From Sankha Sutta:

"There's the case, headman, where a certain teacher holds this doctrine, holds this view: 'All those who take life are destined for a state of deprivation, are destined for hell. All those who steal... All those who indulge in illicit sex... All those who tell lies are destined for a state of deprivation, are destined for hell.' A disciple has faith in that teacher, and the thought occurs to him, 'Our teacher holds this doctrine, holds this view: "All those who take life are destined for a state of deprivation, are destined for hell." There are living beings that I have killed. I, too, am destined for a state of deprivation, am destined for hell.' He fastens onto that view. If he doesn't abandon that doctrine, doesn't abandon that state of mind, doesn't relinquish that view, then as if he were to be carried off, he would thus be placed in hell.

"[The thought occurs to him,] 'Our teacher holds this doctrine, holds this view: 'All those who steal... All those who indulge in illicit sex... All those who tell lies are destined for a state of deprivation, are destined for hell.' There are lies that I have told. I, too, am destined for a state of deprivation, am destined for hell.' He fastens onto that view. If he doesn't abandon that doctrine, doesn't abandon that state of mind, doesn't relinquish that view, then as if he were to be carried off, he would thus be placed in hell.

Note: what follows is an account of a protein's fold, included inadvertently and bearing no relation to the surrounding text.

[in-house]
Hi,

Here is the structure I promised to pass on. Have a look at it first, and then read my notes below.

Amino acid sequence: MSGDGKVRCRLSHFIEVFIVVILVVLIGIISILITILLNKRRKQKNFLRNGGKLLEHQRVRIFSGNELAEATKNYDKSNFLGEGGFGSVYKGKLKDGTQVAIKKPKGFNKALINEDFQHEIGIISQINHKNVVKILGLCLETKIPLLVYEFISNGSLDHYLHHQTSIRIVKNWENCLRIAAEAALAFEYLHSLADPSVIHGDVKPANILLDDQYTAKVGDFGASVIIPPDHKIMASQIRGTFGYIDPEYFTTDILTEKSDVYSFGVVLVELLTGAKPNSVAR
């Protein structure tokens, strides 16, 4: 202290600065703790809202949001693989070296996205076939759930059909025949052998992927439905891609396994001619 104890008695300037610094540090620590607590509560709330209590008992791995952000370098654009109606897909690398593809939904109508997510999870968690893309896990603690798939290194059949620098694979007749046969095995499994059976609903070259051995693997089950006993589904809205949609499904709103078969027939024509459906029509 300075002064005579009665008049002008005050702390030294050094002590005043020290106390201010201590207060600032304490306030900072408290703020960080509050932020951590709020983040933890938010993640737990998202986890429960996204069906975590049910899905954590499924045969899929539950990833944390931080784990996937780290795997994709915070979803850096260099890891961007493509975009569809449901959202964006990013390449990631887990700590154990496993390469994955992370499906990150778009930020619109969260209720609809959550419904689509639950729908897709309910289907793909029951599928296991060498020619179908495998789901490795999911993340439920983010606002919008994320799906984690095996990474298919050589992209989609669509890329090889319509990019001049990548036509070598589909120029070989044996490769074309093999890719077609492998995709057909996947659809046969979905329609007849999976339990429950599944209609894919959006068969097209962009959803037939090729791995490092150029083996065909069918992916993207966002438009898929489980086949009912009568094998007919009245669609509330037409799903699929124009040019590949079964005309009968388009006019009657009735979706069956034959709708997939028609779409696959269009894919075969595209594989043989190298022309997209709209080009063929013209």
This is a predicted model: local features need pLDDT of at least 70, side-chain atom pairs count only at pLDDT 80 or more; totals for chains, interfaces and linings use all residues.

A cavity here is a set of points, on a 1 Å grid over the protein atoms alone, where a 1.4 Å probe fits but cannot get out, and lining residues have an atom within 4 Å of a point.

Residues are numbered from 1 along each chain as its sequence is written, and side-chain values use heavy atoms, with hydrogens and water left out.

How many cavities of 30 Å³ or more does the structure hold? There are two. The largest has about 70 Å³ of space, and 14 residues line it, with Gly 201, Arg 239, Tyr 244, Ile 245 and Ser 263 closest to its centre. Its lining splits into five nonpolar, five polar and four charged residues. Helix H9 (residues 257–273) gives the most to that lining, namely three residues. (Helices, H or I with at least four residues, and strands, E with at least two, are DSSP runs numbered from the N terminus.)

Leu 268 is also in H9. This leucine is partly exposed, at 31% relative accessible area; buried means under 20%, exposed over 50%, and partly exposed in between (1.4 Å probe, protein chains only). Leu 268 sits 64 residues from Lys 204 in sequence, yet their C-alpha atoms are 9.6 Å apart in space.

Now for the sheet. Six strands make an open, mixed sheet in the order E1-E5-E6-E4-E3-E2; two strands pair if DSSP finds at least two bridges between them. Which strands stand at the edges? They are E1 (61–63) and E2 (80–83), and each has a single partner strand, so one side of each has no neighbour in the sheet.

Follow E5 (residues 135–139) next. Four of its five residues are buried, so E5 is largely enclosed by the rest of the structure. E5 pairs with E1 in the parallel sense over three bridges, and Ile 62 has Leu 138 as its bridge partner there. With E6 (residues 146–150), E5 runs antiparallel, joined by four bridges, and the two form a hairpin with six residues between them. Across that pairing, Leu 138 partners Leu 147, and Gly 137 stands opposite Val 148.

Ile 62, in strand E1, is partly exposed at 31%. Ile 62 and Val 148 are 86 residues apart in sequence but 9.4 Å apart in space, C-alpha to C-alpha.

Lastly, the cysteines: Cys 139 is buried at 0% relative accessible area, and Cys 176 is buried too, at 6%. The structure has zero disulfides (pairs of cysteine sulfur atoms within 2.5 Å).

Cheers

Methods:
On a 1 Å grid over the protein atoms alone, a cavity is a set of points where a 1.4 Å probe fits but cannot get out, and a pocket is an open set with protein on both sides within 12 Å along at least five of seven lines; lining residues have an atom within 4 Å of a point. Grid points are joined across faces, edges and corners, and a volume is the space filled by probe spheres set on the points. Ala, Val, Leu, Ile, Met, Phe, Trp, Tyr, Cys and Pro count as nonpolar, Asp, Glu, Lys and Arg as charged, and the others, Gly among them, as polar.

From the Dhammapada:

  1. Just as a border city is closely guarded both within and without, even so, guard yourself. Do not let slip this opportunity (for spiritual growth). For those who let slip this opportunity grieve indeed when consigned to hell.
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When I have heard Bhikkus speak on this topic, its generally thought that hell as an afterlife or plane of existence is reserved for very few. Those who murder their parents, things of that nature. But the 5 precepts allow us to walk the path of the Dhamma and avoid the hell in the here and now, to avoid suffering, to cultivate mindfullness and the other Factors of Enlightenment etc. So borrowing somewhat from Hindu teachings, and with more focus later in Mahayana and Vajrayana teachings, the hell plane is a place reserved for specific deeds spoke about in the other suttas, at least as far as Pali goes.